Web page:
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Many organisations use project-based productivity tracking, but more businesses are turning to time tracking. Properly tracking time can lead to better time management, positively affecting productivity. Unfortunately, remote workers can be hesitant to work with time-tracking software. How do you encourage workers to keep track of their time as an employer?
For remote workers who crave freedom and flexibility, tracking time can feel tiresome and demotivating. Inefficient tracking practices can sap productivity. However, an awareness of how much work can be done in a given period is essential.
Employees may feel they’re being policed and expected to work under unrealistic expectations, and companies require more productivity from remote workers than from in-house employees. While a typical office worker can be productive for only half of the time spent in the office, some companies require remote employees to account for every minute of their work time.
Tracking work takes time, but the value of the data it gathers is helpful for both managers and employees. Therefore, getting people to embrace time tracking is essential for the successful management of remote teams.
Poor time management causes missed deadlines, reduced productivity, and higher operating costs. Running behind schedule can stress employees and diminish employee morale and motivation. Demotivation often leads to low work quality, procrastination, and lack of focus.
Poor time management is not only the result of procrastination but also of using ineffective techniques. In the UK, employees lose two hours each day to inefficient processes and unproductive activities.
Other examples of the importance of time management:
The importance of time management:
You can tell your remote team they need to track time, but getting them to do it consistently is another thing entirely. Motivating your employees to track time requires understanding their concerns, simplifying the process, and giving incentives to support them. Here are six tips to help.
The easier it is for your employees to track time, the more likely they will do it. Choose time-tracking software that works from anywhere and from any device. The software should integrate easily into the application used for completing their tasks—like an extension or plug-in they can use from inside the task app.
Allowing manual tracking is helpful if an employee forgets to set the timer, or you can let people self-report and decide if they want to use a timer or enter time manually.
When your employees track time, they must follow up on how they’re doing. Employees may have ideas for improving the process, so get feedback on making it more manageable.
Implementing a new tool can be challenging, so the time-tracking software you choose should be easy to set up. Offer training sessions and tutorials to help employees get started. Personalise their experience as much as possible.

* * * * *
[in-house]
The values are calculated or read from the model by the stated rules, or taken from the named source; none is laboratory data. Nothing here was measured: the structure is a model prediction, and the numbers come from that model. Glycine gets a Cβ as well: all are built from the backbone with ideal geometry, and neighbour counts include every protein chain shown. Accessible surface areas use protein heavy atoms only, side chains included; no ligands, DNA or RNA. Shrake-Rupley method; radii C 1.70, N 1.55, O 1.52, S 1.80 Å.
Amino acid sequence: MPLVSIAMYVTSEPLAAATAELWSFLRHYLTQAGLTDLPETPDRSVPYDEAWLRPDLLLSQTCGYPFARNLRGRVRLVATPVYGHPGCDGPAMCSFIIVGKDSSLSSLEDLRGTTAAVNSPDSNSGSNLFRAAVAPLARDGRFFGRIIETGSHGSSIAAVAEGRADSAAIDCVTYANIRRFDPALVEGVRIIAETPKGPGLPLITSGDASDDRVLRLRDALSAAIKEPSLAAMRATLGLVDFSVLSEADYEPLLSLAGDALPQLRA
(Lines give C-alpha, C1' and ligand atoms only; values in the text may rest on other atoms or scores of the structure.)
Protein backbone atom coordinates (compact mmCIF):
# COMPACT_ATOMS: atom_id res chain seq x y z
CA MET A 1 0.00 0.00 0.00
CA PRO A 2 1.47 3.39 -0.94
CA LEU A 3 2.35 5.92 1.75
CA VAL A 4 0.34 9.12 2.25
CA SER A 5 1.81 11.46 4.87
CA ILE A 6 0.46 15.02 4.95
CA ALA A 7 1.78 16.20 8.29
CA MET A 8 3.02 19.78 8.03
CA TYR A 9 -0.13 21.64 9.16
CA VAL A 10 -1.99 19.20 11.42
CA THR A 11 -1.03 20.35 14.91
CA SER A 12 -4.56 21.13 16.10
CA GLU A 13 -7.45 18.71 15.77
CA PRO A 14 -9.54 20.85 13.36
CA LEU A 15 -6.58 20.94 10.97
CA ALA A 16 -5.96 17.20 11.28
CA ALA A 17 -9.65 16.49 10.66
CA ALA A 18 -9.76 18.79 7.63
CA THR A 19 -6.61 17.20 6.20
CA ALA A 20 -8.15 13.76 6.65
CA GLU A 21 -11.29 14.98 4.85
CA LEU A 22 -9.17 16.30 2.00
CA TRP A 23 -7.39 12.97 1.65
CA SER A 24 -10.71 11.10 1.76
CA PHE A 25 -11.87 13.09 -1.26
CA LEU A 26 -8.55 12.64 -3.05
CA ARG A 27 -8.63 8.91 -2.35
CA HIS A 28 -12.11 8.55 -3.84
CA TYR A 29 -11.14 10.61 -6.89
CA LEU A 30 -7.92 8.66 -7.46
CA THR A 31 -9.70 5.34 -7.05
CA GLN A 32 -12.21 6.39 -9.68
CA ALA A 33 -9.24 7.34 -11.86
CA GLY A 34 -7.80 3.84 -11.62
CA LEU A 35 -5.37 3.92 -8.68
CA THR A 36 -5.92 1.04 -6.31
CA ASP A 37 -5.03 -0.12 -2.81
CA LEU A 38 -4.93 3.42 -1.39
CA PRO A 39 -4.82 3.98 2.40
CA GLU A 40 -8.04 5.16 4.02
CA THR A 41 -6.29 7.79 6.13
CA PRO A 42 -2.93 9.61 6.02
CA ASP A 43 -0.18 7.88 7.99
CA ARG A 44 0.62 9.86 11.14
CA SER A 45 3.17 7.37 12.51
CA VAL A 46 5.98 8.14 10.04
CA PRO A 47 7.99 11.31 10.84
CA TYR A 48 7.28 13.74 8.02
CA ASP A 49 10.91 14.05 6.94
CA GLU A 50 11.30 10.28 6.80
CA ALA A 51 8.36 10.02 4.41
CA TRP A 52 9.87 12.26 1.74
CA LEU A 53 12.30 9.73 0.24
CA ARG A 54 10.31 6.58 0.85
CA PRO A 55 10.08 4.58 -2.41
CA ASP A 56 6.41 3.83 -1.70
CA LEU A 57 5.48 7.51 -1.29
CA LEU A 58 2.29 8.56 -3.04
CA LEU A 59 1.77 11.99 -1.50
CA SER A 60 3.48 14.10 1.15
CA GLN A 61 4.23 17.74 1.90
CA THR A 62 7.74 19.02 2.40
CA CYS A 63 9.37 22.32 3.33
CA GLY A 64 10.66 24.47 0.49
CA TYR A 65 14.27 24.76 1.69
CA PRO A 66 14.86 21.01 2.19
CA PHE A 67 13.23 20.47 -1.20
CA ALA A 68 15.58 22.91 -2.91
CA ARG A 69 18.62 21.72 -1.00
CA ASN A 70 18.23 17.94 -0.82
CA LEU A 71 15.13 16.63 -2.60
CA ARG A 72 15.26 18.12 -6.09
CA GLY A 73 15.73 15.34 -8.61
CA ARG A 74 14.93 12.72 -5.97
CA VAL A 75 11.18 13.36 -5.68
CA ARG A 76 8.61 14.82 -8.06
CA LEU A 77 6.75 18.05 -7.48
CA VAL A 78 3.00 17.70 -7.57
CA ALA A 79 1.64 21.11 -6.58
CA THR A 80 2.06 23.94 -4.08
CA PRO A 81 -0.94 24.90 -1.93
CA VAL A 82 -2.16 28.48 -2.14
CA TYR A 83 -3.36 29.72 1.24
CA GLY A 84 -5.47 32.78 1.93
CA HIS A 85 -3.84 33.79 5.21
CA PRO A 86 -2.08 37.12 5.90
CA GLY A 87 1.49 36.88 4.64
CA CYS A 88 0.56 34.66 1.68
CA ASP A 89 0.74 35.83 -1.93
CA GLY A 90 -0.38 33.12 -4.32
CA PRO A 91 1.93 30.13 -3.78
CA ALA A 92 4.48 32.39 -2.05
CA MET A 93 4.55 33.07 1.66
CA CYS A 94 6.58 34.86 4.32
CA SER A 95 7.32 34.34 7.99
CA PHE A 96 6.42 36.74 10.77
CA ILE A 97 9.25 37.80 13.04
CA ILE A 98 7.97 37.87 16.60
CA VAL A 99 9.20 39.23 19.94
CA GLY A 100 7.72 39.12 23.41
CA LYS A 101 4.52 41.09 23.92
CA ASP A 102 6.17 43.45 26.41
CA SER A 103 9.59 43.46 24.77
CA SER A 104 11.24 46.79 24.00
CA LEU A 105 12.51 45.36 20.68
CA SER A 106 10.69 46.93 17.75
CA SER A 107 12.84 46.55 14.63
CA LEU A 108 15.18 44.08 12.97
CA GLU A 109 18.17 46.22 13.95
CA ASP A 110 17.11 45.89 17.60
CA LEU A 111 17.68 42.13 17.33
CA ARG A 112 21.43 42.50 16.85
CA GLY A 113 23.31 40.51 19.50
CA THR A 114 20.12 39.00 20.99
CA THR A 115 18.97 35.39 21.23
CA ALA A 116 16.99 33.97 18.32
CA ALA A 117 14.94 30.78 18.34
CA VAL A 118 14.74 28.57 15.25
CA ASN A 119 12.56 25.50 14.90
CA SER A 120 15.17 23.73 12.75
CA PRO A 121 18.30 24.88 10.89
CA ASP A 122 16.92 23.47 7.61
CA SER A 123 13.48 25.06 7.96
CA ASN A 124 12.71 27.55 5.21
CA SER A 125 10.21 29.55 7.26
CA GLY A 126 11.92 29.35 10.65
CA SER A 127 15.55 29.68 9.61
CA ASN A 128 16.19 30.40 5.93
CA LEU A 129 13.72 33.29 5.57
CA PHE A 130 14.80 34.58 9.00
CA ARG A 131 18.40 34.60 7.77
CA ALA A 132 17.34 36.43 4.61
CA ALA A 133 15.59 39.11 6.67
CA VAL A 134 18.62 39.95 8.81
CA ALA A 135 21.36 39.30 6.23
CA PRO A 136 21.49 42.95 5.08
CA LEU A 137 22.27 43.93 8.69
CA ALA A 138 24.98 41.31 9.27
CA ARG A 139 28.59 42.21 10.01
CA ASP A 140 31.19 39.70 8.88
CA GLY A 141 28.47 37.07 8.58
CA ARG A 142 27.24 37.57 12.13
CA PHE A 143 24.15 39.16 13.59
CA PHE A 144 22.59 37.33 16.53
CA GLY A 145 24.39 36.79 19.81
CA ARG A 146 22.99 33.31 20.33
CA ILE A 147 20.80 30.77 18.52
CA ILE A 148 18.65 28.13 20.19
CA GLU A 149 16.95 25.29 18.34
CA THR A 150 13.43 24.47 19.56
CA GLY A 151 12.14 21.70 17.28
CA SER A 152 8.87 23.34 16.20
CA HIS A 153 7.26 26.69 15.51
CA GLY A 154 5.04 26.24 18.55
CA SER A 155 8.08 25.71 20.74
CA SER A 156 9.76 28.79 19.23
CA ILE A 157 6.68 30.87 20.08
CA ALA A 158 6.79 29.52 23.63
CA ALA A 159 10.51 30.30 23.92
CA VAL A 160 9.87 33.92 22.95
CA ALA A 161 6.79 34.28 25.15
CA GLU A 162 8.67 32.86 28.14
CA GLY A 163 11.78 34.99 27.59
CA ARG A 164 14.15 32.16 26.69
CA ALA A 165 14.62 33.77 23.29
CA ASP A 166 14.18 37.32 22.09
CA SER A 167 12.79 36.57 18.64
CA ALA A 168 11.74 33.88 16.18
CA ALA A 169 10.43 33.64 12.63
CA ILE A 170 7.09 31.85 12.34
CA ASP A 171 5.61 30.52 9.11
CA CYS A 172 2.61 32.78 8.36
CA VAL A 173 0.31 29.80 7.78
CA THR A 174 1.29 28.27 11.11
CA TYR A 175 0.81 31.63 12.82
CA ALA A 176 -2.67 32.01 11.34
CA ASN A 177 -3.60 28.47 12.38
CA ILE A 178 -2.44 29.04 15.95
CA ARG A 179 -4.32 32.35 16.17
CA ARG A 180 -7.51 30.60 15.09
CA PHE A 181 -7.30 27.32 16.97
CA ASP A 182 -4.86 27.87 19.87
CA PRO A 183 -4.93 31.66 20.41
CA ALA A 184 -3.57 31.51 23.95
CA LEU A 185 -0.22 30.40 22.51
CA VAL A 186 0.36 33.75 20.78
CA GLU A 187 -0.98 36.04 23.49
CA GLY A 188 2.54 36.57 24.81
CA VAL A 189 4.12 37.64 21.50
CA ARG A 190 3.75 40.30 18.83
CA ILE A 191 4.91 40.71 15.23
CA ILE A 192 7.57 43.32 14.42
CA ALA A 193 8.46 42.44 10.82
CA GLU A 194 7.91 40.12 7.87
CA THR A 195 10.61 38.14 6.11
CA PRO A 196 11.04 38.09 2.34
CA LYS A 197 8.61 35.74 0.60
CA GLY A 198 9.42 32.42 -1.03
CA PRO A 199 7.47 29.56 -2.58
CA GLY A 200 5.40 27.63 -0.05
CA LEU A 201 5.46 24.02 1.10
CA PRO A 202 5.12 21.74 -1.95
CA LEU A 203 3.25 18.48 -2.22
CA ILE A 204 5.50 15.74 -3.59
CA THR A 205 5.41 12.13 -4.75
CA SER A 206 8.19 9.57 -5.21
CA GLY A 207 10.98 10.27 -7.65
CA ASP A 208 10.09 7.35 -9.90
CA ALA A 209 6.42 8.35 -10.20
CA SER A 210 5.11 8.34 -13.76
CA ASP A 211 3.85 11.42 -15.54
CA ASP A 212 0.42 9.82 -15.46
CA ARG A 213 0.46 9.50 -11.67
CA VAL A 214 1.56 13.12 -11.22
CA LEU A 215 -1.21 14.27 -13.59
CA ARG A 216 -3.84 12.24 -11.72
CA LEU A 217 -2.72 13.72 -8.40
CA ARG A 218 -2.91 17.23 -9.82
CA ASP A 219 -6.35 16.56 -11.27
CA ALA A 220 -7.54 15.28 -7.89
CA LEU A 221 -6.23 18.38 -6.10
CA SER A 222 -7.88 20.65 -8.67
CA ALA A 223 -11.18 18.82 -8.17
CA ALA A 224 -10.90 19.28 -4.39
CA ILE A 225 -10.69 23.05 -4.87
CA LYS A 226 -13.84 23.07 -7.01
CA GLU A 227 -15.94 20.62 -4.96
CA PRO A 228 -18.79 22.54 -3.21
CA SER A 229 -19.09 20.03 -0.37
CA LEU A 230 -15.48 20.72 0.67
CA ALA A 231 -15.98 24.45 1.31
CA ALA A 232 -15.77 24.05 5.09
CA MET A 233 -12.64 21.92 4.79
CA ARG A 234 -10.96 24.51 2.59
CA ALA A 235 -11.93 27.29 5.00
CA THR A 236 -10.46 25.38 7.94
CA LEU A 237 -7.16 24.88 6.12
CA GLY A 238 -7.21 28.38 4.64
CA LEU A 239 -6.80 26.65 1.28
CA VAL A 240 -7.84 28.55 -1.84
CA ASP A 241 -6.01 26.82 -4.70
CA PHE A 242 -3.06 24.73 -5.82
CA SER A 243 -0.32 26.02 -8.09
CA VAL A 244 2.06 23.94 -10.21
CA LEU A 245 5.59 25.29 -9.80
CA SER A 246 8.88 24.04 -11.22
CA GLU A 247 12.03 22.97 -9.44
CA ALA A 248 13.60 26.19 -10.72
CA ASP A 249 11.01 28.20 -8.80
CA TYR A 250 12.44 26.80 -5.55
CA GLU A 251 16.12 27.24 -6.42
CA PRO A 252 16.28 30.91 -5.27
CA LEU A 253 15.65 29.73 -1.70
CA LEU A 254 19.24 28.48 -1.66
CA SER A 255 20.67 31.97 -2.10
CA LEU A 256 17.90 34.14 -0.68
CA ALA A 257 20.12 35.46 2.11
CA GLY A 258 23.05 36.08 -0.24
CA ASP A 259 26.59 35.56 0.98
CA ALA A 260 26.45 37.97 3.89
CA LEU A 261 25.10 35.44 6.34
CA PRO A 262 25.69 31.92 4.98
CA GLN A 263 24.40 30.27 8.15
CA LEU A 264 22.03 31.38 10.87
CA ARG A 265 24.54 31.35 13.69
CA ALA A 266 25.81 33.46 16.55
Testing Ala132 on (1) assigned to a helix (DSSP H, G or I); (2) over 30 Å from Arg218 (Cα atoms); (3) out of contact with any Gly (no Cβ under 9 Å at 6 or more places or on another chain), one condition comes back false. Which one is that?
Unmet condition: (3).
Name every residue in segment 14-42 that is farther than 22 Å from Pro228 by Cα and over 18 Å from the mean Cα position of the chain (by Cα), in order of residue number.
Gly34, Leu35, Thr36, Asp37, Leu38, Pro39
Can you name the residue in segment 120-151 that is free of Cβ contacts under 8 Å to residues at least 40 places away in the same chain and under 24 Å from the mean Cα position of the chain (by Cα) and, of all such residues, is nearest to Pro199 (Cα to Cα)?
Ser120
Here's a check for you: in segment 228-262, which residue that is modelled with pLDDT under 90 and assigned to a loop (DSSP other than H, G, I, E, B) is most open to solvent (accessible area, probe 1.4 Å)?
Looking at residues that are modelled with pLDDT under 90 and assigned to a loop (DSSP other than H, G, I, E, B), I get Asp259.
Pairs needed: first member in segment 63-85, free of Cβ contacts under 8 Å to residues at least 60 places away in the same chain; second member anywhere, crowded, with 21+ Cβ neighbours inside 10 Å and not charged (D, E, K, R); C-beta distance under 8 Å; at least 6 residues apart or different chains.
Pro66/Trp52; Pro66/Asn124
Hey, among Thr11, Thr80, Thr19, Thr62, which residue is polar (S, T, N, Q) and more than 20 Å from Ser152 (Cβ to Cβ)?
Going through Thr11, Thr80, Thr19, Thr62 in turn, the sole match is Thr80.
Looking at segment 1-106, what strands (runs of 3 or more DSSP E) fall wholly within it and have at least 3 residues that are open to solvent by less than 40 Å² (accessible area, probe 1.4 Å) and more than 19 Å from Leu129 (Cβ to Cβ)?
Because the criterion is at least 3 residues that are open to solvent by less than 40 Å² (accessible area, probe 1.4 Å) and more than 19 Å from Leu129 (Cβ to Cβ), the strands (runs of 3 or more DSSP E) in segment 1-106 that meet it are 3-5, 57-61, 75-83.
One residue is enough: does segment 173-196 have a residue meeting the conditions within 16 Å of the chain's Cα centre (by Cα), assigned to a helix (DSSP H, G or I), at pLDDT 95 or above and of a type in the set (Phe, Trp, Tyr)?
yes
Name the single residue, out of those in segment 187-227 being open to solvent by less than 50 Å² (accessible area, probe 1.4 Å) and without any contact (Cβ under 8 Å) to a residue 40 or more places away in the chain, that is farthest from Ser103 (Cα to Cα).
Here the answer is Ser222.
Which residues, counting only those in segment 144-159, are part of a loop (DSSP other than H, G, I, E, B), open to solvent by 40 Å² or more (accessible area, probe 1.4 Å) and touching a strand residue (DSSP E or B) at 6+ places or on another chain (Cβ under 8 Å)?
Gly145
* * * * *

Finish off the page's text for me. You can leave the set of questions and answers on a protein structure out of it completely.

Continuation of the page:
Sharing time-tracking data and letting other teammates know who is working on what is a great way to build trust. Remote employees often hesitate to track time because they’re worried about how the company will use the data.
People should understand that the organisation doesn’t want to monitor what they do personally.
Explain to your employees why it is important to track time and how time tracking benefits productivity and performance. Be clear about how the company is going to use the data collected.
Be clear with your employees about what is expected when logging time. Establish guidelines on when to track time, what categories to track, and how detailed the tracking should be.
For reports to be helpful, it’s essential to have a system that can track time in a project category. Once you have a system, document it. A list of commonly tracked categories may help employees start a timer for an activity with one click. It can be an excellent resource for new hires during onboarding.
You should periodically confirm that employees are using the software correctly, but take care not to micromanage your staff. You must refrain from using the number of tracked hours to reward and punish employees. Doing this can lead your remote staff to game the system and track hours when they’re not working, in which case the data will not be accurate.
Time spent working is a valuable metric, but it doesn’t necessarily correlate to the quality of the work done. Employees shouldn’t feel you are placing more value on the hours tracked than the work done. Don’t use the number of hours tracked as a quota to be filled but rather as an approximate benchmark for each activity.
While time tracking is only for some organisations or employees, having a clear, simple, and fair process can help employees keep their autonomy while providing valuable data on performance and productivity.
Dean Mathews is the founder and CEO of OnTheClock, an employee time-tracking app that helps over 15,000 companies worldwide track time.
Dean has over 20 years of experience designing and developing business apps. When he is not perfecting time tracking, Dean enjoys expanding his faith, spending time with family and friends, and finding ways to make the world just a little better.
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